April 2010
Volume 51, Issue 13
Free
ARVO Annual Meeting Abstract  |   April 2010
Kynurenine Inhibits Fibroblast Growth Factor-2 Mediated Expression of Crystallins and MIP26 in Lens Epithelial Cells
Author Affiliations & Notes
  • M. Mailankot
    Ophthalmology and Visual Sciences,
    Case Western Reserve University, Cleveland, Ohio
  • S. Howell
    Visual Sciences Research Center,
    Case Western Reserve University, Cleveland, Ohio
  • R. H. Nagaraj
    Ophthalmology and Visual Sciences,
    Case Western Reserve University, Cleveland, Ohio
  • Footnotes
    Commercial Relationships  M. Mailankot, None; S. Howell, None; R.H. Nagaraj, None.
  • Footnotes
    Support  NIH grants R01EY-016219, R01EY-09912, P30EY-11373, RPB and OLERF
Investigative Ophthalmology & Visual Science April 2010, Vol.51, 4772. doi:
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      M. Mailankot, S. Howell, R. H. Nagaraj; Kynurenine Inhibits Fibroblast Growth Factor-2 Mediated Expression of Crystallins and MIP26 in Lens Epithelial Cells. Invest. Ophthalmol. Vis. Sci. 2010;51(13):4772.

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      © ARVO (1962-2015); The Authors (2016-present)

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Abstract

Purpose: : Fibroblast growth factor-2 (FGF2)-mediated signaling plays an important role in fiber cell differentiation in the lens. We had previously shown that high levels of kynurenine (KYN) produced from the overexpression of indoleamine 2,3-dioxygenase (IDO) causes defects in the differentiation of fiber cells, induces fiber cell apoptosis and cataract formation in the mouse lens, and leads to cell cycle arrest in cultured mouse epithelial cells (mLEC). In this study, we have investigated effects of KYN on protein expression in mLEC.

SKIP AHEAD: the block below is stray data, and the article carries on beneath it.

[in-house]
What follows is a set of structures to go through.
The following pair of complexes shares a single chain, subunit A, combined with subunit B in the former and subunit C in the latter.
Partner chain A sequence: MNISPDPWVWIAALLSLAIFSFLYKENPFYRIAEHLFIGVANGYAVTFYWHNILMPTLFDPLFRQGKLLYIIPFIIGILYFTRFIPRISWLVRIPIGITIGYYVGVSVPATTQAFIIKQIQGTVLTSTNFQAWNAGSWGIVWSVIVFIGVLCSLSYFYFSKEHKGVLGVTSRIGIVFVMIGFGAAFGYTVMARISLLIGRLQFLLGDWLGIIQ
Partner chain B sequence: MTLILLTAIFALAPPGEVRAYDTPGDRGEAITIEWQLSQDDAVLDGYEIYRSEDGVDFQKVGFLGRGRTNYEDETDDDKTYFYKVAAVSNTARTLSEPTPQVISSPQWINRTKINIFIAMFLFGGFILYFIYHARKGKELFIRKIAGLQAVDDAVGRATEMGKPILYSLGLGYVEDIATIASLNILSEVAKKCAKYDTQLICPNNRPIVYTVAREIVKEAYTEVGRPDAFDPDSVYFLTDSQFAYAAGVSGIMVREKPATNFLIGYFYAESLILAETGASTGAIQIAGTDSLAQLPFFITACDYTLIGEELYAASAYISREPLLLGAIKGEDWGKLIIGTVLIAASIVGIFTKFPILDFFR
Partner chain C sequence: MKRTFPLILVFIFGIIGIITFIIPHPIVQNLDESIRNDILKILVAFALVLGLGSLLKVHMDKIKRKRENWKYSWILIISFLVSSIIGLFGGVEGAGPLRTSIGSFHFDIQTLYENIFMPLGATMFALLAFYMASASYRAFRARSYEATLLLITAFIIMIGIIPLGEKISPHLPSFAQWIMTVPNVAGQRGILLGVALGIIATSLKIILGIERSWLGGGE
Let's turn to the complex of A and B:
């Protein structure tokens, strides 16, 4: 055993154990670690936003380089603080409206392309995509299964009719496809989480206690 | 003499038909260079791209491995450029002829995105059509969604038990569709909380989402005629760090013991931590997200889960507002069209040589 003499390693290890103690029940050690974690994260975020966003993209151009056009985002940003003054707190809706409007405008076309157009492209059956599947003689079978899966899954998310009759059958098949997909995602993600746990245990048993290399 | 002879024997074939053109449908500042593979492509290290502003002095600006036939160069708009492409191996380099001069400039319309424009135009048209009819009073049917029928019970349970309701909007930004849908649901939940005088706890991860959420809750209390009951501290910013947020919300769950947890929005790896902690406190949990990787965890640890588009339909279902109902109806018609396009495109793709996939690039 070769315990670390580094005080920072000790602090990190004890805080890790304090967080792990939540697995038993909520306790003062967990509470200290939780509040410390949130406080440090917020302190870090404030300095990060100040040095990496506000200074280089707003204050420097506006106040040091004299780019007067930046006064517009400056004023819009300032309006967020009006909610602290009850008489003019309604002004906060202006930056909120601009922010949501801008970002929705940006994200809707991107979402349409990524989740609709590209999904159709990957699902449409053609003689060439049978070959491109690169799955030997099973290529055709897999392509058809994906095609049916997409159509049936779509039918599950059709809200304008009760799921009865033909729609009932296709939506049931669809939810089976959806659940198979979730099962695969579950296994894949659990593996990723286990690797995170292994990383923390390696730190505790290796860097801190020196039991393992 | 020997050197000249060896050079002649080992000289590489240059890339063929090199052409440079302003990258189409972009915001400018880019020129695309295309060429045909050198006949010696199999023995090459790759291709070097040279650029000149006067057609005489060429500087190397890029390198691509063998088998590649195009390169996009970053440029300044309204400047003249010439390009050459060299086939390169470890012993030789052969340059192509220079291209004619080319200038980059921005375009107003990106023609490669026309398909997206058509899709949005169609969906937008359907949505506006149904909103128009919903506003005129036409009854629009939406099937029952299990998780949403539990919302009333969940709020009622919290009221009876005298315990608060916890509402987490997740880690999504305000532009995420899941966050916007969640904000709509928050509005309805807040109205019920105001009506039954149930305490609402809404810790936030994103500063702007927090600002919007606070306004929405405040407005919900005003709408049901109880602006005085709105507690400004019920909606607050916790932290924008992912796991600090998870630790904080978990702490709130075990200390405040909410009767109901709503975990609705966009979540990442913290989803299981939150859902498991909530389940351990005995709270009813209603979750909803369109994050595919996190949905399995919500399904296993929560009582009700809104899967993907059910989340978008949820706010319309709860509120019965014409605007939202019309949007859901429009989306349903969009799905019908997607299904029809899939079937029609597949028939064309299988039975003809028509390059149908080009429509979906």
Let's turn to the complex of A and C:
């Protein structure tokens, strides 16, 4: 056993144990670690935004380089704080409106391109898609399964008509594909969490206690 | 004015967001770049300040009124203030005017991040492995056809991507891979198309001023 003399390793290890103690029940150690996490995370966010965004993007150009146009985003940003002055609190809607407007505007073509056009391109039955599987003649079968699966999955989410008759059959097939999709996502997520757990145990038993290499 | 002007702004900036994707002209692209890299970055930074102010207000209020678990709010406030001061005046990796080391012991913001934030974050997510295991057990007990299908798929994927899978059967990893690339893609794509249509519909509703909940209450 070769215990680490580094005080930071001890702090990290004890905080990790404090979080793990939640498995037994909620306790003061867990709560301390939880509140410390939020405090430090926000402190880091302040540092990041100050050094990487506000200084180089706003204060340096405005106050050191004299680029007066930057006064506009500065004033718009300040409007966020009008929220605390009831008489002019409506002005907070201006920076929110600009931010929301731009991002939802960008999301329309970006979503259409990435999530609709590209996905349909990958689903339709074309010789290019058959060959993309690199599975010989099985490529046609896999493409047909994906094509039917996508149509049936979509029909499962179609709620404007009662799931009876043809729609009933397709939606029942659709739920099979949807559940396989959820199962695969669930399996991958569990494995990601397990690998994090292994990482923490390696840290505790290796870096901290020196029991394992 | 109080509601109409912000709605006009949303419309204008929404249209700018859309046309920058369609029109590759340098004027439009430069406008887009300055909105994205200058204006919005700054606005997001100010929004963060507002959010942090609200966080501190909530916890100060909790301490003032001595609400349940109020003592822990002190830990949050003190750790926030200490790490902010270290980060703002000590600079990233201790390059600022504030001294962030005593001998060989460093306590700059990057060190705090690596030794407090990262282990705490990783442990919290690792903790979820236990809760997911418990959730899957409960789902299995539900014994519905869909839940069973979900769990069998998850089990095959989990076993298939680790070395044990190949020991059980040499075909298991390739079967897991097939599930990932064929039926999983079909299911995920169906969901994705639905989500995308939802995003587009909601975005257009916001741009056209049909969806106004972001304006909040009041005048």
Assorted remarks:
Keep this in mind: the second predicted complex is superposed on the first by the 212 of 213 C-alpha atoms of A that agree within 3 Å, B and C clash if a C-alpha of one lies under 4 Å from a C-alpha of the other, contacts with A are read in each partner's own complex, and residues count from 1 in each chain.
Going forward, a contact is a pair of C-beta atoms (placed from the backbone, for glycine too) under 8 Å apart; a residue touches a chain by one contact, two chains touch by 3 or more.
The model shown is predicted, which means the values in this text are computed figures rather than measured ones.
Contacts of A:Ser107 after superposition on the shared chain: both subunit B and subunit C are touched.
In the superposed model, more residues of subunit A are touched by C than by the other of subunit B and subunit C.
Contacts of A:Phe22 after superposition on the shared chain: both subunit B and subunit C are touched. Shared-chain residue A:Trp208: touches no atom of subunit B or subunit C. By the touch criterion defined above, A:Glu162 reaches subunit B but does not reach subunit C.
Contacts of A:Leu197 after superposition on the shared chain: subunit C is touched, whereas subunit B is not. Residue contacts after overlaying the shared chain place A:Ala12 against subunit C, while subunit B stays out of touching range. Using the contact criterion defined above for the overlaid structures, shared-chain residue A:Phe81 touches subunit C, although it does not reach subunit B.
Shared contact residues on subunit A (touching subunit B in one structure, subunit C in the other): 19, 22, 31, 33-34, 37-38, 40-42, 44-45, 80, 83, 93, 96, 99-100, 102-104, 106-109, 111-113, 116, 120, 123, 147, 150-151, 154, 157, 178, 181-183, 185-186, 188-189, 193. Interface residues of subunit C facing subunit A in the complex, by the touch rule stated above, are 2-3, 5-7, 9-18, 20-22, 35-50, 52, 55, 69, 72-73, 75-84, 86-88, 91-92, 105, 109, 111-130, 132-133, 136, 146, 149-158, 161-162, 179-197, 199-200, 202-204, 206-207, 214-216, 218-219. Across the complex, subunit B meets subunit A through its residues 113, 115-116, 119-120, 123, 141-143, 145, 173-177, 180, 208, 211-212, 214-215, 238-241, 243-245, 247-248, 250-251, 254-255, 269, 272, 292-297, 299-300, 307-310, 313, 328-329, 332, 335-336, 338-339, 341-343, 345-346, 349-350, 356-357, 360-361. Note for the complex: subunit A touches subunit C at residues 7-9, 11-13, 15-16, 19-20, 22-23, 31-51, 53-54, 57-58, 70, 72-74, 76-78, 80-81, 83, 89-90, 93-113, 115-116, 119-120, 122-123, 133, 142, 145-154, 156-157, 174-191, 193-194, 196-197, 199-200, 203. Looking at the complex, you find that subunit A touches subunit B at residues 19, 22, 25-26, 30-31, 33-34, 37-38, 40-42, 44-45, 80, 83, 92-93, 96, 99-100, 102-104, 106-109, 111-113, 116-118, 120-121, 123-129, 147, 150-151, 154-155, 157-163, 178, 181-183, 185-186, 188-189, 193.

Methods: : mLEC from wild (WT) and IDO transgenic (IDOTg) were treated with 100 ng/ml FGF2 for 5 days in the presence or absence of an IDO inhibitor. We determined expression of crystallins and MIP26 by ELISA, western blotting and immunofluorescence. Effect of KYN on FGF2 signaling was determined by western blotting for phospho proteins.

Results: : Exogenous KYN reduces FGF2-mediated expression of α-, β- and γ-crystallin and MIP26 in WT mLEC. We show that endogenously produced KYN in mLEC of IDOTg causes similar defects in FGF2-induced protein expression and that a competitive inhibitor of IDO prevents such defects. Our data also show that exogenous KYN in WT and endogenous KYN in IDOTg inhibit FGF2-induced Akt and ERK1/2 phosphorylation in mLEC, both of which are necessary for crystallin and MIP26 expression in the lens. KYN does not inhibit FGF2 binding to cells but rather chemically modifies a FGF2 receptor (FGFR1) and inhibits its phosphorylation in mLEC.

Conclusions: : Together our data show that KYN inhibits FGF2-mediated signaling by chemically modifying FGFR1 and prevents expression of crystallins and MIP26. Our studies provide a novel mechanism by which KYN can exert deleterious effects in the lens.

Keywords: growth factors/growth factor receptors • crystallins • signal transduction 
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